The Road to the Future… Is Paved With Good Inventions
We bring you 10 great ideas that made flying safer, easier, or just a whole lot more fun.
- Air & Space magazine, September 2009
NASM (SI 76-17595-P)
The Tomcat’s Brain
As a 1968 graduate in electronic engineering, Raymond Holt was in a sandwich generation, caught between vacuum tubes and transistors. When he showed up for his first job, at Garrett AiResearch, the personnel manager told him he was the only one in his department who’d had a class in computer design. AiResearch had just been hired by the Grumman Corporation to design the F-14 Tomcat’s central air data computer, a microprocessor that would, with data from pressure sensors, calculate and report (on cockpit displays) Mach number, altitude, and airspeed, and, accordingly, move the aircraft’s control surfaces and adjust the sweep of its variable geometry wing. AiResearch had designed the McDonnell F-4 Phantom’s central air data computer, but that had been electromechanical. “It had gears and cams,” says Holt. “It’s like a transmission on a car, except that it’s chrome and gold. It was about two feet long and three feet high. When they showed it to me and said I had to make it electronic [to fit on a circuit board 40 inches square] I about freaked out.”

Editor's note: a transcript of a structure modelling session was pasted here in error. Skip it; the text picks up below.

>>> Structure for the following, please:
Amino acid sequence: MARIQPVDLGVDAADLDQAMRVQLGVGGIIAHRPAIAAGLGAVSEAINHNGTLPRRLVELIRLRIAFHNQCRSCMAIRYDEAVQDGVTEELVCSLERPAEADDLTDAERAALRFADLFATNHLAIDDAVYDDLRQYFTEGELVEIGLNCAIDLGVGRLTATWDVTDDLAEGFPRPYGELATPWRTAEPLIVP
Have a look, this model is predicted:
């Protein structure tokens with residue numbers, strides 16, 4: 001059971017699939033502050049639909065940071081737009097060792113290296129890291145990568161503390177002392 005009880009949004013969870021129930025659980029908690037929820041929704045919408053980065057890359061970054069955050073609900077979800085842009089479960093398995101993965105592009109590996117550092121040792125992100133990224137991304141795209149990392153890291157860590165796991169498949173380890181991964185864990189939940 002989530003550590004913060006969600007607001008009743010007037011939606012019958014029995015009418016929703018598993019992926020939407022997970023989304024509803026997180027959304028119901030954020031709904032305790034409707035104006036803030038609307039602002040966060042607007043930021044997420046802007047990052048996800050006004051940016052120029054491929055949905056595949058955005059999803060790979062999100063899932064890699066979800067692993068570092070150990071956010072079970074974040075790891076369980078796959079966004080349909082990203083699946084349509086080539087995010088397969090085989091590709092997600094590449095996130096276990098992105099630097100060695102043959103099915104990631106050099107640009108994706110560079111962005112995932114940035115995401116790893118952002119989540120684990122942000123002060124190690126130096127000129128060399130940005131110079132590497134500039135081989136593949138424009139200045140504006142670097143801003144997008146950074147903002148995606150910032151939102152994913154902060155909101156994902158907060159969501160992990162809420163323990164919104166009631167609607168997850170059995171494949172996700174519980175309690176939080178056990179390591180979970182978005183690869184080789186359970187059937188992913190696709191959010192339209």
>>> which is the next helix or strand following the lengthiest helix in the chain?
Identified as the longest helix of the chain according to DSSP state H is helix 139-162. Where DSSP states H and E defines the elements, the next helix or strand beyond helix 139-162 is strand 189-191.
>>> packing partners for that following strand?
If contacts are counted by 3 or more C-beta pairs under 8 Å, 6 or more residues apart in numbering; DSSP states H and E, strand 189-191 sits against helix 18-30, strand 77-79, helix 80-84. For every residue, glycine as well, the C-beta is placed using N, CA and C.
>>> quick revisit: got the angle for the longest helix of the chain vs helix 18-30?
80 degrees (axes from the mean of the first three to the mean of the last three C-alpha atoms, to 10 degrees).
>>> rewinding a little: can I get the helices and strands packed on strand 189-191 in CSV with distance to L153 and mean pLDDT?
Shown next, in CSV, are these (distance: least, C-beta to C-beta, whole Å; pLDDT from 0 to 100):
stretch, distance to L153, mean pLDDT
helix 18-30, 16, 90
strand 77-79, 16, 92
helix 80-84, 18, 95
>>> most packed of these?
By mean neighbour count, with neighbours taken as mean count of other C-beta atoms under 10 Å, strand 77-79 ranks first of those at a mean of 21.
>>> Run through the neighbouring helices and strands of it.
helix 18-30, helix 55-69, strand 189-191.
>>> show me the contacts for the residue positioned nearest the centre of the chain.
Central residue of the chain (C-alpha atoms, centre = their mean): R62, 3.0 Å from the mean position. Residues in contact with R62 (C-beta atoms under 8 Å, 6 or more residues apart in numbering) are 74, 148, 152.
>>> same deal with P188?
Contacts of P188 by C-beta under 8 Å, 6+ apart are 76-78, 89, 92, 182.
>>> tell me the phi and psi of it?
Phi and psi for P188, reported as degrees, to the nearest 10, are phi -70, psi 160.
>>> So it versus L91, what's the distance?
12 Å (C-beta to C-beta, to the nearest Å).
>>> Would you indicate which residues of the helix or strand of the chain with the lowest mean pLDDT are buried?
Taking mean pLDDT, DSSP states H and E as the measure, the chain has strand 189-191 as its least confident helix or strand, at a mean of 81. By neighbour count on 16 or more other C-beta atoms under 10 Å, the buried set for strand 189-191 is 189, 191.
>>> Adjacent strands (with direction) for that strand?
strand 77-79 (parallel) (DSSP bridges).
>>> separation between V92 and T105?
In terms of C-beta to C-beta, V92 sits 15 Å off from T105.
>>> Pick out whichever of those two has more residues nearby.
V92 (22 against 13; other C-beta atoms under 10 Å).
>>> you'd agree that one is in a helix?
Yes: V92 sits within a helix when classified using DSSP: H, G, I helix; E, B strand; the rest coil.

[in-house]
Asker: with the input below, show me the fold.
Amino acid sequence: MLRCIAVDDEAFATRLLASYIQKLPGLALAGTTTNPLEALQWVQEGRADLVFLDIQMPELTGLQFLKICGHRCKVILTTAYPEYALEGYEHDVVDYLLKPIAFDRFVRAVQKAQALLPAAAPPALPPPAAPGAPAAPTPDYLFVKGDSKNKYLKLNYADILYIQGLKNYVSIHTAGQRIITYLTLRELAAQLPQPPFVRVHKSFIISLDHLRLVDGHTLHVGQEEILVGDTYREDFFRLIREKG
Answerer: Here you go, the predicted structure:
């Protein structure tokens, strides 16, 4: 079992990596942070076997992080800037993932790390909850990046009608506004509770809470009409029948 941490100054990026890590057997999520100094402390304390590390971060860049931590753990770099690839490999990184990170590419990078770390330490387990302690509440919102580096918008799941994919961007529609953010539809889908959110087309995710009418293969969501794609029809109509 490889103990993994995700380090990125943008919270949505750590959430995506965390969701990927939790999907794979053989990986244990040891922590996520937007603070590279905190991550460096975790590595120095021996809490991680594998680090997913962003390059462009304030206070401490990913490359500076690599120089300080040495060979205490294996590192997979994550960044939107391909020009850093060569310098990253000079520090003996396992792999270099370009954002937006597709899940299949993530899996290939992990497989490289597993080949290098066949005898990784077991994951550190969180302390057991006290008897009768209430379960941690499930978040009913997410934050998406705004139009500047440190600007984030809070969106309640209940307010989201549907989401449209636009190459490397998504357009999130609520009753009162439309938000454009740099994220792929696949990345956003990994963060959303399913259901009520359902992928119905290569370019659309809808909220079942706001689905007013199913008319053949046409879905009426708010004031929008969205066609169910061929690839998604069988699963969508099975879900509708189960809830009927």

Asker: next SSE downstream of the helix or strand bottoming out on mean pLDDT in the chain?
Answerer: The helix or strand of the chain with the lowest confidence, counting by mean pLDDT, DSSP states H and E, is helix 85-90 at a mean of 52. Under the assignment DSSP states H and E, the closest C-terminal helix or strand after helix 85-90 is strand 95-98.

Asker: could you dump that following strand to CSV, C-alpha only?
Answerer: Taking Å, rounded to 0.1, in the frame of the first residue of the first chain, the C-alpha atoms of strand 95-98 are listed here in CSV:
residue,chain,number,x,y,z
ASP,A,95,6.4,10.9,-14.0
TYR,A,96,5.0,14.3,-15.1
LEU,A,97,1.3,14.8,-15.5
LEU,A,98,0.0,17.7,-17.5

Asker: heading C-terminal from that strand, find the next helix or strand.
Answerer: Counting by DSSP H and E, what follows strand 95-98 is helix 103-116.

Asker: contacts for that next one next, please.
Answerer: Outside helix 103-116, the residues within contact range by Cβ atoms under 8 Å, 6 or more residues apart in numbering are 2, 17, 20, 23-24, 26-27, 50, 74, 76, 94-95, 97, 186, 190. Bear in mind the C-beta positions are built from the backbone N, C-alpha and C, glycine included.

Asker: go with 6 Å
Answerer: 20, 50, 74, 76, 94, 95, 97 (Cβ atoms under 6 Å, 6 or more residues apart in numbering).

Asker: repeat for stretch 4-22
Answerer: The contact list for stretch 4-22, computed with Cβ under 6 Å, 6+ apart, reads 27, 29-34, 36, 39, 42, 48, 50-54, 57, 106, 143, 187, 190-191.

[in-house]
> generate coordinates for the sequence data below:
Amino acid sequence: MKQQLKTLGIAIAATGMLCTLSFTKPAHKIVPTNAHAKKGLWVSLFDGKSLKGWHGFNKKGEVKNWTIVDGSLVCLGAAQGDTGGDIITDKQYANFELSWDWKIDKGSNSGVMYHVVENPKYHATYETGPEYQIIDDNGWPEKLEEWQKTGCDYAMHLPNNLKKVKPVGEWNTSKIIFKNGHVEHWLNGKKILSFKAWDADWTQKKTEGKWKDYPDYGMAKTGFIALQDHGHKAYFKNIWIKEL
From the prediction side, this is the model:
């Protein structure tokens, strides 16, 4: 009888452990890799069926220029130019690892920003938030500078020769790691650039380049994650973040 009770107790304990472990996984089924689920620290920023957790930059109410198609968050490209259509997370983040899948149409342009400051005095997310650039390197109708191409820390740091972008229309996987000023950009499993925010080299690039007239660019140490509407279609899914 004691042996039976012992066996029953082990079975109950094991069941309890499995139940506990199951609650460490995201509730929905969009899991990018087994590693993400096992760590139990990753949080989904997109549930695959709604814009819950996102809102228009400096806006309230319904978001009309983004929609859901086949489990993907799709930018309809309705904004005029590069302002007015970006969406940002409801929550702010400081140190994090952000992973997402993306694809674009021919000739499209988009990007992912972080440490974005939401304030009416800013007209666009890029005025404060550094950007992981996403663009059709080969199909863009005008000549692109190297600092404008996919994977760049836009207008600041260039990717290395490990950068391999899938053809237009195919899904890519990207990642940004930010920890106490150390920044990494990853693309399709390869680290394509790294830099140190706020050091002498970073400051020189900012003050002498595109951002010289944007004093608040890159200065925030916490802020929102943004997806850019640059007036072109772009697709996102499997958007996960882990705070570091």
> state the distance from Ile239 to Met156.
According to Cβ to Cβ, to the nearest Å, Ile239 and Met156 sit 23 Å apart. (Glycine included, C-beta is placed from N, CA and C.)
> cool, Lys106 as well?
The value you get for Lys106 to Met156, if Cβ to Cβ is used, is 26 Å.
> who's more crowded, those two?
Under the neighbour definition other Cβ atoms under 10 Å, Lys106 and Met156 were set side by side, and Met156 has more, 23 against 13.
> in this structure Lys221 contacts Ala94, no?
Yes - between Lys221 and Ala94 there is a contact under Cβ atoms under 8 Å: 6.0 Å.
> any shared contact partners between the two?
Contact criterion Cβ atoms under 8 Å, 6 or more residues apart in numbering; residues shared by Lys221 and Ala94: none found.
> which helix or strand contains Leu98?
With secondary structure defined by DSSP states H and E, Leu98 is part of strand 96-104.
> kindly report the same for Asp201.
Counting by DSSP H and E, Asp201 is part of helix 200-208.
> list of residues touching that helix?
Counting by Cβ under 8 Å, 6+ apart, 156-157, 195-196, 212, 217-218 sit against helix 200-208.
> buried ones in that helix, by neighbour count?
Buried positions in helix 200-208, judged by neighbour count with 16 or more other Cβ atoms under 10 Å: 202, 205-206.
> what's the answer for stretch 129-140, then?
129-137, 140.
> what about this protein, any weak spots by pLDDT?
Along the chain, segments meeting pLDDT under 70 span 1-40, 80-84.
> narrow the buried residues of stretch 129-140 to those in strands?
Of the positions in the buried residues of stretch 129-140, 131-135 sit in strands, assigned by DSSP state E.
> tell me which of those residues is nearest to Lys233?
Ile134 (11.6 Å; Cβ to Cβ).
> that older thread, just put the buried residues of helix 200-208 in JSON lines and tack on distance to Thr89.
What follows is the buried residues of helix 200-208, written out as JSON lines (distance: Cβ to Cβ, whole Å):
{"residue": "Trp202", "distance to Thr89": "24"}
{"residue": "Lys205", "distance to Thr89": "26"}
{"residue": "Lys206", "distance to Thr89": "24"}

Northrop Grumman engineer Dave Wolfe worked at Garrett AiResearch at the time, where his job was teaching Grumman technicians how the F-14’s central air data computer worked. (“I saw the airplane and I was so impressed that I left [AiResearch] and joined Grumman,” he says.)
“Electromechanical systems were a maintenance nightmare,” says Wolfe. “You needed a very special type of artisan to repair those things — almost a watchmaker. People were looking for something to replace that system.” Garrett AiResearch was the only company to submit a bid for a digital, instead of electromechanical, design, but the small, powerful processors required didn’t exist.
In 1968, the integrated circuit was 10 years old. Jack Kilby of Texas Instruments and Robert Noyce of Intel Corporation had independently developed methods for assembling transistors — switches that in the binary language of computers say “on” or “off” —on a single slice, or chip, of a semi-conducting metalloid, like silicon. (Kilby’s work won him the 2000 Nobel Prize in Physics.)
As a 10-year-old, the integrated circuit had come a long way. It could integrate hundreds of transistors on a single chip, as opposed to the first integrated circuits, used on the Apollo guidance computer, which made do with tens. But it hadn’t come far enough for the F-14’s computer, which demanded as many as 3,500 transistors on a single chip.
In 1968, the circuits were mapped on huge, multi-color Mylar sheets “the size of an entire wall of a commercial building,” recalls Holt. The degree to which that layout could be shrunk — and its detail preserved — to form the pattern for etching on a chip was one limit to a chip’s capacity.